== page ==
Don't Be a Cheap Freelance Writer!

Jan 24 11:32 2008 Kathleen Poole Print This Article

Do you sell your writing for practically nothing? Do you respond to online "freelance banks" that promise the astonishing payment of $25 for a 500-word article, $100 for a print brochure or 59 cents per word? It may seem tempting to take on these cheap jobs.

Immediately stop selling yourself so cheap! If you have any writing talent at all,Guest Posting you deserve much, much more than many of those freelance-writing sites can offer.

It may seem tempting to take on these cheap jobs. You may think a little money is better than no money at all. But the time you spend writing a cheap article or e-zine could be much better spent looking for better paying jobs. They really are out there.

Do you really want to spend four hours writing an article that will bring you only $50? Your hourly rate would be a dismal $12.50. Even if you managed to work like that for 40 hours a week, which is extremely unlikely, your annual revenue would be $25,000 at the most, assuming you took a two-week vacation.

How well can you live on $25,000? As a freelance writer, will you be able to pay your own health insurance (which may be $500 or more per month)? Will you have enough money to promote your business and bring in high-paying clients? Will you ever save for retirement or your children's college educations or your dream home? Will you ever pay off your debt? It's much less likely that you can do any of these things if you continue to be a cheap writer.

The Internet is loaded with dozens of sites promising you all kinds of freelance work once you register (often for a fee). Many of these sites, though certainly not all, exploit young, inexperienced or desperate writers. Worst of all, they make it very difficult for good, decent, talented writers to make a comfortable living at their craft. Why should a client pay savvy Writer A $800 for a website article when cheap Writer B will do it for $30?

Here's a typical scenario: Someone needs something written and heads for the Internet. They post their job on these cheapo sites and wait for the lowest possible bidders. These whippersnappers who think they can make good money cranking out $30 articles or $100 brochures shut out the experienced writers –the ones who know what their services are worth –. The truth is, you will never, ever be a prosperous writer if you accept low rates. In fact, you probably will be a miserable writer who will not last long as a freelancer.

As long as the world is filled with cheap writers, it's much harder for the rest of us to prosper. So I am imploring cheap writers to increase their prices. You will be pleasantly surprised when most clients will not balk at higher fees. You may find you get higher paying work because people perceive that you offer greater value when you change more.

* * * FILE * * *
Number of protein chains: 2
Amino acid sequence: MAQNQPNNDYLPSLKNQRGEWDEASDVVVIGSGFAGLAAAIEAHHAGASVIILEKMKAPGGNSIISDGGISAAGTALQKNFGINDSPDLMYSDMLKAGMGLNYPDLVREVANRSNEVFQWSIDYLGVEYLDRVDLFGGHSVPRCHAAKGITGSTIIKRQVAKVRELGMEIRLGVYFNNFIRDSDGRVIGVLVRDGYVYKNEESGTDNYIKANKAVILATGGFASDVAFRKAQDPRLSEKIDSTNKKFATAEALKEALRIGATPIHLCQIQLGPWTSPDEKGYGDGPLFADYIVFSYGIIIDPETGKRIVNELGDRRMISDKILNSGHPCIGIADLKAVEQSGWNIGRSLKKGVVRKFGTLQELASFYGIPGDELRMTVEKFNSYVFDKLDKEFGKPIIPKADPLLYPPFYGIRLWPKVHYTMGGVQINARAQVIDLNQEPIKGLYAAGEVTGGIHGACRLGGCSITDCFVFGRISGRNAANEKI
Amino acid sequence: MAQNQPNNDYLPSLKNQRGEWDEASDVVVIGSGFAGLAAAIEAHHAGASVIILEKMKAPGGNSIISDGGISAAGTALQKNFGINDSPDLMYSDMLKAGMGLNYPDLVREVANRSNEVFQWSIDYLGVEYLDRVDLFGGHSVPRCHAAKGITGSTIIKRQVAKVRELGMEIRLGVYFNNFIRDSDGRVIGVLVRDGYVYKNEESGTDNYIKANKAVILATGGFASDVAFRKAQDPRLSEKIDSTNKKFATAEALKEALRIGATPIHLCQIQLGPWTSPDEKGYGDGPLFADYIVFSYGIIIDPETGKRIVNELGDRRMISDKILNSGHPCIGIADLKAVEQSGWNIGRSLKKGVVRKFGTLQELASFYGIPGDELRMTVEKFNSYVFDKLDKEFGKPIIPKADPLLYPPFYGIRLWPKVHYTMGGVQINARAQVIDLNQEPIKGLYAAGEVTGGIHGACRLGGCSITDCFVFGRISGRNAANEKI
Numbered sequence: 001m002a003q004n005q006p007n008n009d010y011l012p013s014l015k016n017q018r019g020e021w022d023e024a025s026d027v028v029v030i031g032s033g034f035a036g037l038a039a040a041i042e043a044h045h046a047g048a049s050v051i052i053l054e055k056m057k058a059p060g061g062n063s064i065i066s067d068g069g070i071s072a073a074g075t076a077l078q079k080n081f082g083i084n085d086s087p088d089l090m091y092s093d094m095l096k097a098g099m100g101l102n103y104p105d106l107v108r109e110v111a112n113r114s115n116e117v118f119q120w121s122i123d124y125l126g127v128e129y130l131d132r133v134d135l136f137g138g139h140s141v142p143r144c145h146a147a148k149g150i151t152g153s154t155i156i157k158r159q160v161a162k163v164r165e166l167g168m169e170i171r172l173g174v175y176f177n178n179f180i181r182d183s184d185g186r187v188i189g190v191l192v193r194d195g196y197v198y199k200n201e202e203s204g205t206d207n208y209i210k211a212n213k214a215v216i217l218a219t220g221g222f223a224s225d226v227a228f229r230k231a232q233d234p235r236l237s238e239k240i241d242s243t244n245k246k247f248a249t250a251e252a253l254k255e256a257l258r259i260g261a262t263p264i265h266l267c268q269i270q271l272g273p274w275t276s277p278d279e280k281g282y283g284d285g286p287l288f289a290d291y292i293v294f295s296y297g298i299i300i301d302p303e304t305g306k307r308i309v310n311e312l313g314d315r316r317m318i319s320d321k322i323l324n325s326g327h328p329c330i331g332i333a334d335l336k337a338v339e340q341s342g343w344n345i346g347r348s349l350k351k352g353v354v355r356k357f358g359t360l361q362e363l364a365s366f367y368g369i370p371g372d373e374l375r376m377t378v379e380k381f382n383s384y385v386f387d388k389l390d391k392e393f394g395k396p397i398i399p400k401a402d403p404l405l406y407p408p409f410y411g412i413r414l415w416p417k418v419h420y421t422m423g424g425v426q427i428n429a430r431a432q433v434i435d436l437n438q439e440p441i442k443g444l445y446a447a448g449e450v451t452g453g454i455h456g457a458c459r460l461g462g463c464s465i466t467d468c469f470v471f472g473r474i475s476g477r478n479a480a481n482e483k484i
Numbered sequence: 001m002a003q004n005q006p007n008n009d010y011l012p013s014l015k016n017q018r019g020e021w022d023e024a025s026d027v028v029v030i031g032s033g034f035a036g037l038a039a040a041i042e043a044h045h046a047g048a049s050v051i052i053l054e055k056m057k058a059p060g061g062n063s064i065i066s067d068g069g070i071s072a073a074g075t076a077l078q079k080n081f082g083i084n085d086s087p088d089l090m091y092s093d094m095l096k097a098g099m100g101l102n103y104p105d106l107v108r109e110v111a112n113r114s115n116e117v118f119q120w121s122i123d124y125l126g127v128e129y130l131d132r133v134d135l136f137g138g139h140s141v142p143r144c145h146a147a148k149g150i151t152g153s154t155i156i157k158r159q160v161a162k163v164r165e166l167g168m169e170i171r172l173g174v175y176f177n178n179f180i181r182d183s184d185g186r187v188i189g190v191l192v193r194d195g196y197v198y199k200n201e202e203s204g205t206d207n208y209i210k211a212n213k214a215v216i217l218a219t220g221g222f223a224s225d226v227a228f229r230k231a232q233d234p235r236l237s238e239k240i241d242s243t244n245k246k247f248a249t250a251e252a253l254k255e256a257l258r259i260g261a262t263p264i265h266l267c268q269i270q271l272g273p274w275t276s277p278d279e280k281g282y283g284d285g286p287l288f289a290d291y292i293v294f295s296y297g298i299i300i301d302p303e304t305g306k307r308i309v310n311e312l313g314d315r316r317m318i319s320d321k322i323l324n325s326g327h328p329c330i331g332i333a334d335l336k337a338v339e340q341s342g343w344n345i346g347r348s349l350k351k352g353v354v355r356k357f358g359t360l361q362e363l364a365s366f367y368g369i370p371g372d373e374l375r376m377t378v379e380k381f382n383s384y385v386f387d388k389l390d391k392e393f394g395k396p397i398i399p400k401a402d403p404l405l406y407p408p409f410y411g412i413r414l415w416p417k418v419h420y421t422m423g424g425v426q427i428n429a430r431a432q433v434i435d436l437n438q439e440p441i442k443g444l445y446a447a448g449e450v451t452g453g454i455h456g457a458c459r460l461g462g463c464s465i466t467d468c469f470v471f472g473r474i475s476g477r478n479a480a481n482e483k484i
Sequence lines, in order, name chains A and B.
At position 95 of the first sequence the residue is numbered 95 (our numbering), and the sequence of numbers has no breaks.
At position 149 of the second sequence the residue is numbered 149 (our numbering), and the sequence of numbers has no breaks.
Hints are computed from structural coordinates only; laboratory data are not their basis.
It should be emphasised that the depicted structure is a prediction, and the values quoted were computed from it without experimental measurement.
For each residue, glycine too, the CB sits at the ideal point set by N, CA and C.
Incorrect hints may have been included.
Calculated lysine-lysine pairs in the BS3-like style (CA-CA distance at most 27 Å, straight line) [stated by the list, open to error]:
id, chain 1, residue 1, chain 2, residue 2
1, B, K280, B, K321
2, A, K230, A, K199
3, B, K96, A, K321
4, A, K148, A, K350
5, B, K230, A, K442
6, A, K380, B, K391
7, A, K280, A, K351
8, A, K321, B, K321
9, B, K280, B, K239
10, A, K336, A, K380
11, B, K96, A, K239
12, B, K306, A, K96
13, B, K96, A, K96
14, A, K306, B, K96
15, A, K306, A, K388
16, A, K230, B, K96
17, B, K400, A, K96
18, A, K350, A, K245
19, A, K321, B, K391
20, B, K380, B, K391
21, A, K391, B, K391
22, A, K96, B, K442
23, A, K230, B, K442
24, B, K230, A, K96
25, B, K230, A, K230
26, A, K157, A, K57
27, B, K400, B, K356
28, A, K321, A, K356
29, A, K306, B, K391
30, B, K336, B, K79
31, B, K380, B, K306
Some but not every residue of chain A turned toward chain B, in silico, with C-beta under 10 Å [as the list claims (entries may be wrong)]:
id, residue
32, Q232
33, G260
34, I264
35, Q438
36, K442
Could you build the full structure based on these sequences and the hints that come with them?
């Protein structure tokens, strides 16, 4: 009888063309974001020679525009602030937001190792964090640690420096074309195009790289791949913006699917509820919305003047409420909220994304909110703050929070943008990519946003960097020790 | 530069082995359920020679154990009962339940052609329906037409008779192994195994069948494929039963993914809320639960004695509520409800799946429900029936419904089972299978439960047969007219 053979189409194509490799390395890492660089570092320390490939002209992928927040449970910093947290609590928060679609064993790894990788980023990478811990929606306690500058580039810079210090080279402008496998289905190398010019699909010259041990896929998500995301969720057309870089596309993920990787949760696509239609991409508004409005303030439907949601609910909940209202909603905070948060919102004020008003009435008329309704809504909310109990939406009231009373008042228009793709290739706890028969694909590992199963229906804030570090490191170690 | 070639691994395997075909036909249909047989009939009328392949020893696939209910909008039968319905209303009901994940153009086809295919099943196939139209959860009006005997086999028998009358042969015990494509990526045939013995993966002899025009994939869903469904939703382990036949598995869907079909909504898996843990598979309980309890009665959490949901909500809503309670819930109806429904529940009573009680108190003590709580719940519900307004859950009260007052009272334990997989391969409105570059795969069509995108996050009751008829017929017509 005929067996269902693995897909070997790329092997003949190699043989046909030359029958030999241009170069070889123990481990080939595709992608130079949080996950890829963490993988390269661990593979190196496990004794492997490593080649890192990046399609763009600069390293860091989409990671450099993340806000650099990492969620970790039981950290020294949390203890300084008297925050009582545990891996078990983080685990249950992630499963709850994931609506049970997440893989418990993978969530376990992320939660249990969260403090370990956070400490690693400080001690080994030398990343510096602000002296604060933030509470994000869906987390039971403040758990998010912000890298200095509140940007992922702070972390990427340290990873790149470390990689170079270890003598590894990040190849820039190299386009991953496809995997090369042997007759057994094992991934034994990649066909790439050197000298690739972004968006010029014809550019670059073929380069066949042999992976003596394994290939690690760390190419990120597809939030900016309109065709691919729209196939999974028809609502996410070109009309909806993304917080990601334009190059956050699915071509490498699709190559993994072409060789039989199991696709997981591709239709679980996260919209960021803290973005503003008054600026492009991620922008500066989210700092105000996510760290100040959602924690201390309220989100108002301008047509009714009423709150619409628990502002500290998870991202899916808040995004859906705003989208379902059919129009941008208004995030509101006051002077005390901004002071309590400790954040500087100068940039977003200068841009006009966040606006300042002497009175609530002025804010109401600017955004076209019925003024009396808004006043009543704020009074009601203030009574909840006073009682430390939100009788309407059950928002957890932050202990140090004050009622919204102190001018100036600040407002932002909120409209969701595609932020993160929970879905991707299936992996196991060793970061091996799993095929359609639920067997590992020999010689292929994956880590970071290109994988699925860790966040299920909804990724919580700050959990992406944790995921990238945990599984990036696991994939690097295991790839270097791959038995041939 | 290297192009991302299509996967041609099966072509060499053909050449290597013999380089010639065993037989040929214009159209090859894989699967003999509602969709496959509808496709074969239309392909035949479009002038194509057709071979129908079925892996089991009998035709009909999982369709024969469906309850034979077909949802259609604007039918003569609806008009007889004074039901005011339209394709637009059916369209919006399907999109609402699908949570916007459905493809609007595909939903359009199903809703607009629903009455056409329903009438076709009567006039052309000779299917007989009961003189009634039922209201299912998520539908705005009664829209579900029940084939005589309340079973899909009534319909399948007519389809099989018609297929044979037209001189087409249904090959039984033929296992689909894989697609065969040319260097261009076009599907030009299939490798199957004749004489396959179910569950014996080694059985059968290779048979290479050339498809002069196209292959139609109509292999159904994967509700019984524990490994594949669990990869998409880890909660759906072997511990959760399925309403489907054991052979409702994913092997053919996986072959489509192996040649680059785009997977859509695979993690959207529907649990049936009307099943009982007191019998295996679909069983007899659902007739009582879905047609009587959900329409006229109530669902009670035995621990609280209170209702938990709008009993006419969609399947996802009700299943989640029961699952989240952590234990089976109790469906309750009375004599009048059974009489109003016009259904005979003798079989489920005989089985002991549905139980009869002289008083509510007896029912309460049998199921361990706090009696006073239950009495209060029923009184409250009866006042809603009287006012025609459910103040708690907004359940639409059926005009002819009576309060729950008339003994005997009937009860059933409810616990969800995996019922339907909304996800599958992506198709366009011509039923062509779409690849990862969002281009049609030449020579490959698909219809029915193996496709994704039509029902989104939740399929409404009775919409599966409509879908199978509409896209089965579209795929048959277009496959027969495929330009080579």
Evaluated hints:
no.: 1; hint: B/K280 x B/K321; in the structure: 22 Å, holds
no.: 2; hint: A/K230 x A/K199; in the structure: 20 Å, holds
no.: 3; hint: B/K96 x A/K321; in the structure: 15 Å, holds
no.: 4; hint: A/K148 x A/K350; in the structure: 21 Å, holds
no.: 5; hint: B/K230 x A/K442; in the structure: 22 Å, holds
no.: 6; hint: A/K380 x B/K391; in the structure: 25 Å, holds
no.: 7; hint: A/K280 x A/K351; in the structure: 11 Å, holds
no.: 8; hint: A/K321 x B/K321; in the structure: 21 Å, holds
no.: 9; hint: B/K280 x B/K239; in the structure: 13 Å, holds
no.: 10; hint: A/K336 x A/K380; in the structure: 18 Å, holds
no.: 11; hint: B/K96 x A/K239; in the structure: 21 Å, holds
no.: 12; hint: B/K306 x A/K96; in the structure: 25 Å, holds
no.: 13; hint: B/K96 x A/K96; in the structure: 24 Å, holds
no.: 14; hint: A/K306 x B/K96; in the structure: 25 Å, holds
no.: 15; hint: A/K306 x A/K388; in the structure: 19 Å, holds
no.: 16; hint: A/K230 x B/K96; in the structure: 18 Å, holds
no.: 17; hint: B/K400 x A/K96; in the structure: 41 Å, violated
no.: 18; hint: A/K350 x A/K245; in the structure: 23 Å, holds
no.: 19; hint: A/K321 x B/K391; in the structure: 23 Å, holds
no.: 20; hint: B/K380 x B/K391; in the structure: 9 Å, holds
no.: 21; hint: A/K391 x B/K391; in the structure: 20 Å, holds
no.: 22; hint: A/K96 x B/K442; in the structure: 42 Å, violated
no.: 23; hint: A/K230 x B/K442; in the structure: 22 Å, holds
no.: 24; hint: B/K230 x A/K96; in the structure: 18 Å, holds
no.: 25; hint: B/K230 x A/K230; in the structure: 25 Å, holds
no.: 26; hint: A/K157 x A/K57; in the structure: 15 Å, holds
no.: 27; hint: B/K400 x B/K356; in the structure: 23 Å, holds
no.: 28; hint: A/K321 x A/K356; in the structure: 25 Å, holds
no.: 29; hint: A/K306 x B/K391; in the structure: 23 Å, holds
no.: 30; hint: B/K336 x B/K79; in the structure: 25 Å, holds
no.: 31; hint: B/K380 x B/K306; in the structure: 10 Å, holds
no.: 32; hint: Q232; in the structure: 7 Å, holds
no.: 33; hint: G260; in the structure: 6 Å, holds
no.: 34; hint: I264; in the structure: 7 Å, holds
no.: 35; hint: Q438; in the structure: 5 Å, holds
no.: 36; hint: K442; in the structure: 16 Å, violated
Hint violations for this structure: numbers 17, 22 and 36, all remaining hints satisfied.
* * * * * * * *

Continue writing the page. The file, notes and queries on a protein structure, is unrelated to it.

"Won't I lose a lot of clients if I raise my fees?" Yes, that's possible. But without cheap clients in your way, you are freer to find and cultivate relationships with bigger fish–communications directors in large companies, creative directors at medium- and large-size ad agencies, companies that need to revamp their written communications so they can be more visible, accessible and prosperous. Imagine all you can do for them!

Many writers who want to prosper will be more than happy to help you price your services in line with the going rates, your value to your clients, and the benefits your writing can bring. You really do have negotiating power – a skill that can be learned. And remember, you have something the client wants: expert writing. The art of negotiating can be taught, and it's really worth a little coaching to make sure you are paid what you are worth.

Bottom line: If a writer is willing to receive $25 or $50 or $100 for a 500-word article, that writer is not professional and has no idea how to be a successful freelance writer. Many clients will know you are green and will take advantage of your cheap prices. A cheap writer cannot be a prosperous writer without a complete shift in thinking and acting.

Protect your rights as a writer. Talk to people who know about these things. And above all, don't cheapen yourself and other professional writers by accepting writing assignments that pay a pittance. It hurts all of us, it hurts the profession and it hurts you.

For a reasonable estimate of writing, editing and related fees, click on this link: Writer's Market 2008. You may charge more than the fees stated in this book if you have extensive experience in or knowledge of the industry. Also, some geographical areas more easily accept higher fees. In a later article I will talk about how to negotiate the best price for a freelance writing assignment.

In the meantime, give yourself a much-deserved raise in 2008! You may find yourself getting more high-quality clients!

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Kathleen Poole
Kathleen Poole

© 2008 by ProClarity, Inc. All Rights Reserved in all media. Kathy Poole has had a highly profitable freelance copywriting business since 1985. As a Writer's Coach, she helps other writers prosper financially, create freely and live passionately. For more information, resources and inspiration, visit This article may be copied and distributed in its entirety and without alteration, if accompanied by this paragraph.

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